Watching an older film than I am used to was a stimulating experience. It is easier to watch in a sense as the story feels simpler, and more coherent. It unashamedly makes good use of the theatrical concepts of dramatic pauses and the props and flaunts it’s ‘flawed hero’. Minimal special effects, great dialogue, and visually absolutely stunning to behold.

The film takes an interesting turn when the group come across a South African Sergeant Major who escaped from the enemy and is looking to join them to get back to the city. Aside from the fact that he is wearing the most extraordinarily short shorts, he is a relatively entertaining character who offers an alternative approach to the ‘British soldier’. He is much more relaxed, an arrogant so and so and somewhat bemused by The British way. It is an interesting insight into the difficulties each side must have faced, working together against a common enemy, each with their own priorities and approaches., as Segeant Pugh outlines, ‘I want to do what any bloody Englishmen can’. There is one great scene when he has thinks he has stepped on a mine. The dramatic pause comes in a classic, as he sweats and stands and waits while Mills dusts around his toes to try and decipher what it is.

Mills is certainly initially reluctant to encourage an extra member to join them. Only one thing made him relent. The offer of gin. His dependency on alcohol is focused on much through the film- his decisions been often swayed in an alcohol haze, his inability to cope with his situation without some kind of escapism and relaxant. I can only imagine how easy it would be to become dependant in that environment.

As the journey progresses, Pugh’s character becomes more and more suspicious as he seems able to talk his way though German blockades, acts overly protective of his suspiciously heavy knapsack and takes trip into the desert with a spade at the same time every day. The group are pretty sure he’s not doing what he should be doing in the desert with a spade. A defining moment for the group comes as I mentioned earlier, with the accidental slip of the ambulance down the dune. The group, although initially crushed, turn to each other, pull each other up and dust each other off, and start again. At this point they become their own unit. It is clear it has superseded any other obligation or denomination. This group is their primary. Men are just men. And men can get along and help each other, wherever they are from.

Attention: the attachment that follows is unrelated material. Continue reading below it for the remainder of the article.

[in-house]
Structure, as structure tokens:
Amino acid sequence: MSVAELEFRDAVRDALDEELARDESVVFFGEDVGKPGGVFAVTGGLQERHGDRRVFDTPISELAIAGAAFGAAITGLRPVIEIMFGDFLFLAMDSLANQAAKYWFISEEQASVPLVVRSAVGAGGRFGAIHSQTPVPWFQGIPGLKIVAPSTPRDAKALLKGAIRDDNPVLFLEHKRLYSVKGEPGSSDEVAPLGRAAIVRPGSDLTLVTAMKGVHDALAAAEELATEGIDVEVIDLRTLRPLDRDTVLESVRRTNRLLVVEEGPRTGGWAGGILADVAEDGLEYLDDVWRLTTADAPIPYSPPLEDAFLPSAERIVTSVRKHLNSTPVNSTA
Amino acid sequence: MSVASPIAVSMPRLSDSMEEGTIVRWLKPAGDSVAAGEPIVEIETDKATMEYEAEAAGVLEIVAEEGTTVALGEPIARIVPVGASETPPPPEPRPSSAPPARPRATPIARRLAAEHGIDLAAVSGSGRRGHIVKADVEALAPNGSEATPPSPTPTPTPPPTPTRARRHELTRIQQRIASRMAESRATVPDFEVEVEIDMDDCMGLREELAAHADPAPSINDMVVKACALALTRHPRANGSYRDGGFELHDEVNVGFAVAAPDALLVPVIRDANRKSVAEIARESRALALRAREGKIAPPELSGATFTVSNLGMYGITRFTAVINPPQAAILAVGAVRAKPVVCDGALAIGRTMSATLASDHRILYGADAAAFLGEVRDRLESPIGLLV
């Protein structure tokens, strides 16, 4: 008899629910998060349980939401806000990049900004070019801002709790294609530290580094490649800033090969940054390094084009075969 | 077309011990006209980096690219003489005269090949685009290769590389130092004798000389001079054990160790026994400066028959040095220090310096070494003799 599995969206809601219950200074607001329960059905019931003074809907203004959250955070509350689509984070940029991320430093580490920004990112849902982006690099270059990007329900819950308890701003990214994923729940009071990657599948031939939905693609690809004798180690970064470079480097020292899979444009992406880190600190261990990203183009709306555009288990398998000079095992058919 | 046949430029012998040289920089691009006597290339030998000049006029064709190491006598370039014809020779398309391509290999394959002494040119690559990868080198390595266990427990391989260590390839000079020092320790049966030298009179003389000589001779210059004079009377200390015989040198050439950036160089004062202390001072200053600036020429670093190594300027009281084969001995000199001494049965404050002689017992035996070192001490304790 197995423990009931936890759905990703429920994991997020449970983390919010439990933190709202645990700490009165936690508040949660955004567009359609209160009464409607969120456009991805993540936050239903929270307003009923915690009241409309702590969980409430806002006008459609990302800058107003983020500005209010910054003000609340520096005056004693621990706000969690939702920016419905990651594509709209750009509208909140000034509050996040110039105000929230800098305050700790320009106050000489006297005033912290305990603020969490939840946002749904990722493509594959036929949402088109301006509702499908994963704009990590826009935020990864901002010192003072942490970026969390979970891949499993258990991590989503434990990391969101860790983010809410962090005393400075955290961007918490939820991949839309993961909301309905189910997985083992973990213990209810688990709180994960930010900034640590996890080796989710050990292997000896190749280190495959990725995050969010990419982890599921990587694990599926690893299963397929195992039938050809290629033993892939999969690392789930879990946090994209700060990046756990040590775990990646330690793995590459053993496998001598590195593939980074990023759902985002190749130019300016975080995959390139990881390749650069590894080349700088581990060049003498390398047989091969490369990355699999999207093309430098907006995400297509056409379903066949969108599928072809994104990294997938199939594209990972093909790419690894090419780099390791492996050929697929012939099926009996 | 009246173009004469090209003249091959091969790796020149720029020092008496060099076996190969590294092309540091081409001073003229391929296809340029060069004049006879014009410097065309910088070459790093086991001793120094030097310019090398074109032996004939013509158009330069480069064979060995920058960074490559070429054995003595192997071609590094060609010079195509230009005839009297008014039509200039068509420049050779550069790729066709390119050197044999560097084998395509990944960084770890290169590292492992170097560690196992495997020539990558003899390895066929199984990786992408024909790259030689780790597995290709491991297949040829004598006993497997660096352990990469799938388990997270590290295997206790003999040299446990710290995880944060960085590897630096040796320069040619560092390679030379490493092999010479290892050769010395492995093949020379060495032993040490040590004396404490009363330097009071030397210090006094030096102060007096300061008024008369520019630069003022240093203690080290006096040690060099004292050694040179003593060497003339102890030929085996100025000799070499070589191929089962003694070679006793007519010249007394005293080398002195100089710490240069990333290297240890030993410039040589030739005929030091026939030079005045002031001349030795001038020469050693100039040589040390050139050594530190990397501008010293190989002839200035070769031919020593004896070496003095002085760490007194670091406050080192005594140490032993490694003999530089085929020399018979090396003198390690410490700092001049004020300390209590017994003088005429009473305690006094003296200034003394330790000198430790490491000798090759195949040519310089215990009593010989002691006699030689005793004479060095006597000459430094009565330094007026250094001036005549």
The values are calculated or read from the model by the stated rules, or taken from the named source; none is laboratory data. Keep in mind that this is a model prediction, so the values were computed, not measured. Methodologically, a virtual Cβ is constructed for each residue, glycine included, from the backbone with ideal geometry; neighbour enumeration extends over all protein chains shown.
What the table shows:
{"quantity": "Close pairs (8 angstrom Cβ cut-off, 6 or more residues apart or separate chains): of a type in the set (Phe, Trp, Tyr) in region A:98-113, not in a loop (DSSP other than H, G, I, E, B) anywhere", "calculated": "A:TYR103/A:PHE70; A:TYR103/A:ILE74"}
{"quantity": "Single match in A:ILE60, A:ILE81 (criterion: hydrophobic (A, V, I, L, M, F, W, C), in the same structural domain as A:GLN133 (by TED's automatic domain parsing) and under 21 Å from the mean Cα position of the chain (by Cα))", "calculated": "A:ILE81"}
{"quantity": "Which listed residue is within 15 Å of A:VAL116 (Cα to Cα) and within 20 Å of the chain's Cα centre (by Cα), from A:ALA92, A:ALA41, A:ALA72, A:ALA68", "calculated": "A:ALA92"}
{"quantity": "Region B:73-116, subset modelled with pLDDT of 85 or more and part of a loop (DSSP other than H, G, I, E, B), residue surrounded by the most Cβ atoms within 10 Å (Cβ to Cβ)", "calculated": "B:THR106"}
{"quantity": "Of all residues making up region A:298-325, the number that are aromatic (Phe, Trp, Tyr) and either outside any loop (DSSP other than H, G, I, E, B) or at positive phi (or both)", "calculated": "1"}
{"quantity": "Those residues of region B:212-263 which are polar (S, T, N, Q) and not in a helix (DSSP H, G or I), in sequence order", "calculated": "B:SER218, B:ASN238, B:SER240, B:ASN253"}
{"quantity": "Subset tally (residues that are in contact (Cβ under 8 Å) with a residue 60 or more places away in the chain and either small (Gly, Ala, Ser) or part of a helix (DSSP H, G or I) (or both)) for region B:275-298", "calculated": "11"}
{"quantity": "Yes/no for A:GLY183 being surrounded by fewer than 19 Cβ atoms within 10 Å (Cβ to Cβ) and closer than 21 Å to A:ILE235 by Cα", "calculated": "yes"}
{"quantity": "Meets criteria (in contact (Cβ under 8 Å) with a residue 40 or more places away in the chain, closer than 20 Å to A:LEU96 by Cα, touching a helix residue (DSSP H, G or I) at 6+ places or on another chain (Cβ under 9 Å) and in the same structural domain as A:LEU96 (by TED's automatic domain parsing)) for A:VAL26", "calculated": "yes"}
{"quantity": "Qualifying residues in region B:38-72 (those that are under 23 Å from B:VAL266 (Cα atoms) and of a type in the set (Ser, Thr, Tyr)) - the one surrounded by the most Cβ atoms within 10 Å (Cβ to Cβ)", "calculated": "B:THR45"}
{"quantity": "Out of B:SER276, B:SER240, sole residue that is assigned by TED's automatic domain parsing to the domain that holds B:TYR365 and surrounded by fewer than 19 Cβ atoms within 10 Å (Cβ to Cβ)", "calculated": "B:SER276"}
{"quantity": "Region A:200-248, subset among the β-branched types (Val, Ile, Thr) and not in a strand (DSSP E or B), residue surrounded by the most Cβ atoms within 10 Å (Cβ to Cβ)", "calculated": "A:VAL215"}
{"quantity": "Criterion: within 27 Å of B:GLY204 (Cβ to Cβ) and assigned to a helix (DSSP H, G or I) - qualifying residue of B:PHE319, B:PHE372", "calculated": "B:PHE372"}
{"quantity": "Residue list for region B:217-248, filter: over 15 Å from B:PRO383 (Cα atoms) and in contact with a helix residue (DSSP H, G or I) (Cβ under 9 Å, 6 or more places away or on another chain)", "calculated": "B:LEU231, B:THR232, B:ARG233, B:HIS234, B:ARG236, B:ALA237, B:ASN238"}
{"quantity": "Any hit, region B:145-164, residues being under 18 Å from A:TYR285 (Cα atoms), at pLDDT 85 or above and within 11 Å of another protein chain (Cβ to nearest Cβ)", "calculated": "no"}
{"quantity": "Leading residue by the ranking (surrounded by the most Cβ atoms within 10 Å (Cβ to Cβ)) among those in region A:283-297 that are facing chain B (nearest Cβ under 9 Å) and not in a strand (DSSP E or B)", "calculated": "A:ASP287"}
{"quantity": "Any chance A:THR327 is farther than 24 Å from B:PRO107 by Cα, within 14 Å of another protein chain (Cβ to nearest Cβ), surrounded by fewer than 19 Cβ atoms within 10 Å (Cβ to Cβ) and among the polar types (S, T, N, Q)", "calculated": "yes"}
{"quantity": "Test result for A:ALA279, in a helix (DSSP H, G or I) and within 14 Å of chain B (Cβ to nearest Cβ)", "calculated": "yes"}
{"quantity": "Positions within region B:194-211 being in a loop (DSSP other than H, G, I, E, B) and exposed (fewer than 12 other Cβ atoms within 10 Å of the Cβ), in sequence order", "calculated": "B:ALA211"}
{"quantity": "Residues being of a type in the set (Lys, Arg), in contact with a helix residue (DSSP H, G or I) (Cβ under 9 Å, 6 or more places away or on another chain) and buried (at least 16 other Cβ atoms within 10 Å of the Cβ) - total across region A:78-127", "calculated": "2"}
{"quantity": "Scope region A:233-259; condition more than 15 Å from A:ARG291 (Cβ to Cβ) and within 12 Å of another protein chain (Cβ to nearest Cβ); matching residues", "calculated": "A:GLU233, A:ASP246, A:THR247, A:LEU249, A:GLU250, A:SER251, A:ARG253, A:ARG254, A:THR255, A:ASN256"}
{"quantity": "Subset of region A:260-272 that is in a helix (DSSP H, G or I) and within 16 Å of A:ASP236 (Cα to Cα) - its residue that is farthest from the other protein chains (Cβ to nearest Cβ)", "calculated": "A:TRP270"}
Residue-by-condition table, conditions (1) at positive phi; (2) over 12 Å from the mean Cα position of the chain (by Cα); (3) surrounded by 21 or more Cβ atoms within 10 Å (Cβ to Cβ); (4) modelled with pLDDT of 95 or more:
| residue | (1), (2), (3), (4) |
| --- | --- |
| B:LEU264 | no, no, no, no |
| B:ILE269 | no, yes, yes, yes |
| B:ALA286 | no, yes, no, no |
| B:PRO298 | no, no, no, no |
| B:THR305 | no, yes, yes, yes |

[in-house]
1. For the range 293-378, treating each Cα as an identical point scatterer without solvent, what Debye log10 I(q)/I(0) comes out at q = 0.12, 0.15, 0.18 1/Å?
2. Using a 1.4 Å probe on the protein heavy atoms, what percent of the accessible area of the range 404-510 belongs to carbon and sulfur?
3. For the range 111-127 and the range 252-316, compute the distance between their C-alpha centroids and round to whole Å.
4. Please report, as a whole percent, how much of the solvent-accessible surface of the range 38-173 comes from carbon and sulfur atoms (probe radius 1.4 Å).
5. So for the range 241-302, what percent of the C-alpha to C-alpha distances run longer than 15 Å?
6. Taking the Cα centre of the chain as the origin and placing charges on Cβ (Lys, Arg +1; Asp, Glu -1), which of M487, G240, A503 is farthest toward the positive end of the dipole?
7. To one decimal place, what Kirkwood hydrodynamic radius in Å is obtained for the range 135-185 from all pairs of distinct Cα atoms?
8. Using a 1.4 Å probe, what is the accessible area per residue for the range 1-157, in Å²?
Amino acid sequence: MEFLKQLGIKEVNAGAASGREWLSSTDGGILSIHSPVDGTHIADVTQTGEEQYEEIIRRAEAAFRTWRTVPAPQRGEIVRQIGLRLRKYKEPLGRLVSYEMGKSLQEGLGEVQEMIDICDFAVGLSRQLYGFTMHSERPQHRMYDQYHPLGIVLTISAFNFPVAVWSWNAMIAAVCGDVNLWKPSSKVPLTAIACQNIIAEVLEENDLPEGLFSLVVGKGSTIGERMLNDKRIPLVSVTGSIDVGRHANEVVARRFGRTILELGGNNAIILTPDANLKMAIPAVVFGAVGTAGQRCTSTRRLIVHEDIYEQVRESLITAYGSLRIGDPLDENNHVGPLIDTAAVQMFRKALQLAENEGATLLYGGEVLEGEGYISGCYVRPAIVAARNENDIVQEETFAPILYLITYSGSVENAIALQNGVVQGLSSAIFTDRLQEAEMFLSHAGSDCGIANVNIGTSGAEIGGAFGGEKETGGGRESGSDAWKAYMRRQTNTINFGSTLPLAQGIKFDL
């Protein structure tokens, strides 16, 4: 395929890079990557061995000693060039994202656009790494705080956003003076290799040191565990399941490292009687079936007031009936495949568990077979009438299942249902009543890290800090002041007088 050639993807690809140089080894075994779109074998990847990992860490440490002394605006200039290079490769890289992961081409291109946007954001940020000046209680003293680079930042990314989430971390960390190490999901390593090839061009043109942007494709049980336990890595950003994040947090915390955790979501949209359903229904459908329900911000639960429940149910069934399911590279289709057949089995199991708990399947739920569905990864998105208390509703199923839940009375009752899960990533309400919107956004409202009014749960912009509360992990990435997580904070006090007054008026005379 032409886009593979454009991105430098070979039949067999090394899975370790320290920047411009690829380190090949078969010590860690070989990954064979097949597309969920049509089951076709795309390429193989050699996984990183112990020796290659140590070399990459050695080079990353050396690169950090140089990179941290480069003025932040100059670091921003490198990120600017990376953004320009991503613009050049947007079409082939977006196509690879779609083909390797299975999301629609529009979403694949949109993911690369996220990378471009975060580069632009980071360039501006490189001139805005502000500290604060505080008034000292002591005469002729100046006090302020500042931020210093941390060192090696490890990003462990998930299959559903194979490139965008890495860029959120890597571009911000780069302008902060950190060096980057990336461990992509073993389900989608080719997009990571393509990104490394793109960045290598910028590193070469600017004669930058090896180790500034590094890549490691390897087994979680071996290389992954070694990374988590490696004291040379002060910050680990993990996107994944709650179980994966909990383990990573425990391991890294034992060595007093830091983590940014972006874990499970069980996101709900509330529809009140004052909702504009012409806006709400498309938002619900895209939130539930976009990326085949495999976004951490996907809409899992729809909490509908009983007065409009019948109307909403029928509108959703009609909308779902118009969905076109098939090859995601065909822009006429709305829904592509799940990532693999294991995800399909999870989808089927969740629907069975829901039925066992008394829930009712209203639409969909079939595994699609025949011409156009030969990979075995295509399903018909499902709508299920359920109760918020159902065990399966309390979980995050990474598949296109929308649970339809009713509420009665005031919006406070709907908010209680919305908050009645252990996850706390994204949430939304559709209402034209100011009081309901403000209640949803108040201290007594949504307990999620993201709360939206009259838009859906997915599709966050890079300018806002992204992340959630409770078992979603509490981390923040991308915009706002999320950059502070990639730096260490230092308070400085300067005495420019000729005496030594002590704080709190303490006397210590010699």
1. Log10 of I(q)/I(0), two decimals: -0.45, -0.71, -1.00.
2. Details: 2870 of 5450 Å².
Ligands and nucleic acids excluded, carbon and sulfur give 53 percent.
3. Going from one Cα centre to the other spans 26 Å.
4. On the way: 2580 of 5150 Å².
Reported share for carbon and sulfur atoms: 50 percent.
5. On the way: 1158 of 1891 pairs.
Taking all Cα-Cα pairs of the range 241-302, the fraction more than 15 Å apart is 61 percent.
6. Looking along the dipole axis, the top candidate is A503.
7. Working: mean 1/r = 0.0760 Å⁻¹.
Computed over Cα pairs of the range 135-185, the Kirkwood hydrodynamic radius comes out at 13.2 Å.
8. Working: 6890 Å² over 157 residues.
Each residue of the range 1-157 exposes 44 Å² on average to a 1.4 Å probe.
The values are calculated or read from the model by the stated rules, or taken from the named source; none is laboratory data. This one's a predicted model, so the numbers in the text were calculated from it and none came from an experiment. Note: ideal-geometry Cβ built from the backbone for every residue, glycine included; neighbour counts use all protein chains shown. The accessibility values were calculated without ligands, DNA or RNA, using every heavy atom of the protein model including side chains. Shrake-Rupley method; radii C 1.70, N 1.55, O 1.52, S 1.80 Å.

The climax is beautifully played out, as the four remaining in the group make their way for an ‘ice cold in Alex’, their reward they have focused on for much of the film. It is the pinnacle of their achievements as a group, celebrating their success together. It is at this point, a young British officer fresh from the boat and full of pomposity that comes with youth, reveals an uglier side to the British forces. Mills dismisses the man temporarily, and takes the opportunity to plead with Pugh to reveal his real identity. He knows Pugh is a German spy. Initially attempting to escape, Pugh relents and accepts a cover story to protect him from the firing squad, and to become a prisoner of war. The team were too strong to break. They relied on each other, and came through for each other. The heartfelt final scenes of the film as Otto, aka Pugh, drives away from his friends, colleagues, teammates, lifesavers, and now once again enemies, are gut wrenching. There is dignity in war, and friendship can prevail over obligation. And a greater enemy ‘the desert’ can unify even the most distant of soldiers.

Watch this space for further research on the 8th army corps of North Africa and my upcoming review of the next film on the list ‘Black Book’ a 2006 Dutch film set in the Nazi-occupied Netherlands during World War II, where a Jewish singer infiltrates the regional Gestapo headquarters for the Dutch resistance.


2 thoughts on “Ice Cold in Alex

  1. Nice work Debbie, well thought out and well presented. The entry of the SA soldier prompted a thought.
    A great number of West Indian nationals were brought over for the ‘War effort’ in the ship ‘Windrush’ and were told they were vital to it’s success. My late father-in-law being just one. Eddie served in the RAF as a wireless operator, but come the end of the war for reasons not quite clear to me he was not allowed to leave and return to Jamica. Instead he had to stay and take all the race hatred of the post war years.
    We had a neighbour in Halesowen who was Polish and he too served in the RAF as a pilot.
    My thought was in connection with anyone who was ‘sold the story’ and of how we exploited them. The Gurkas being the most famous……

    Keep up the good work xxxx

  2. Hi Tel

    Thanks for this. So interesting… I obviously know about the Gurkhas as their campaign has been so high profile but hadn’t thought about other people who supported the war effort and what it meant for them after the war had finished. I wonder why he wasn’t allowed to return to Jamaica? I also wonder how they were ‘sold the story’…

    Watch this space and I will see what I can dig up in my next research session.

    Deb x

Leave a Reply

Fill in your details below or click an icon to log in: Logo

You are commenting using your account. Log Out /  Change )

Google+ photo

You are commenting using your Google+ account. Log Out /  Change )

Twitter picture

You are commenting using your Twitter account. Log Out /  Change )

Facebook photo

You are commenting using your Facebook account. Log Out /  Change )

Connecting to %s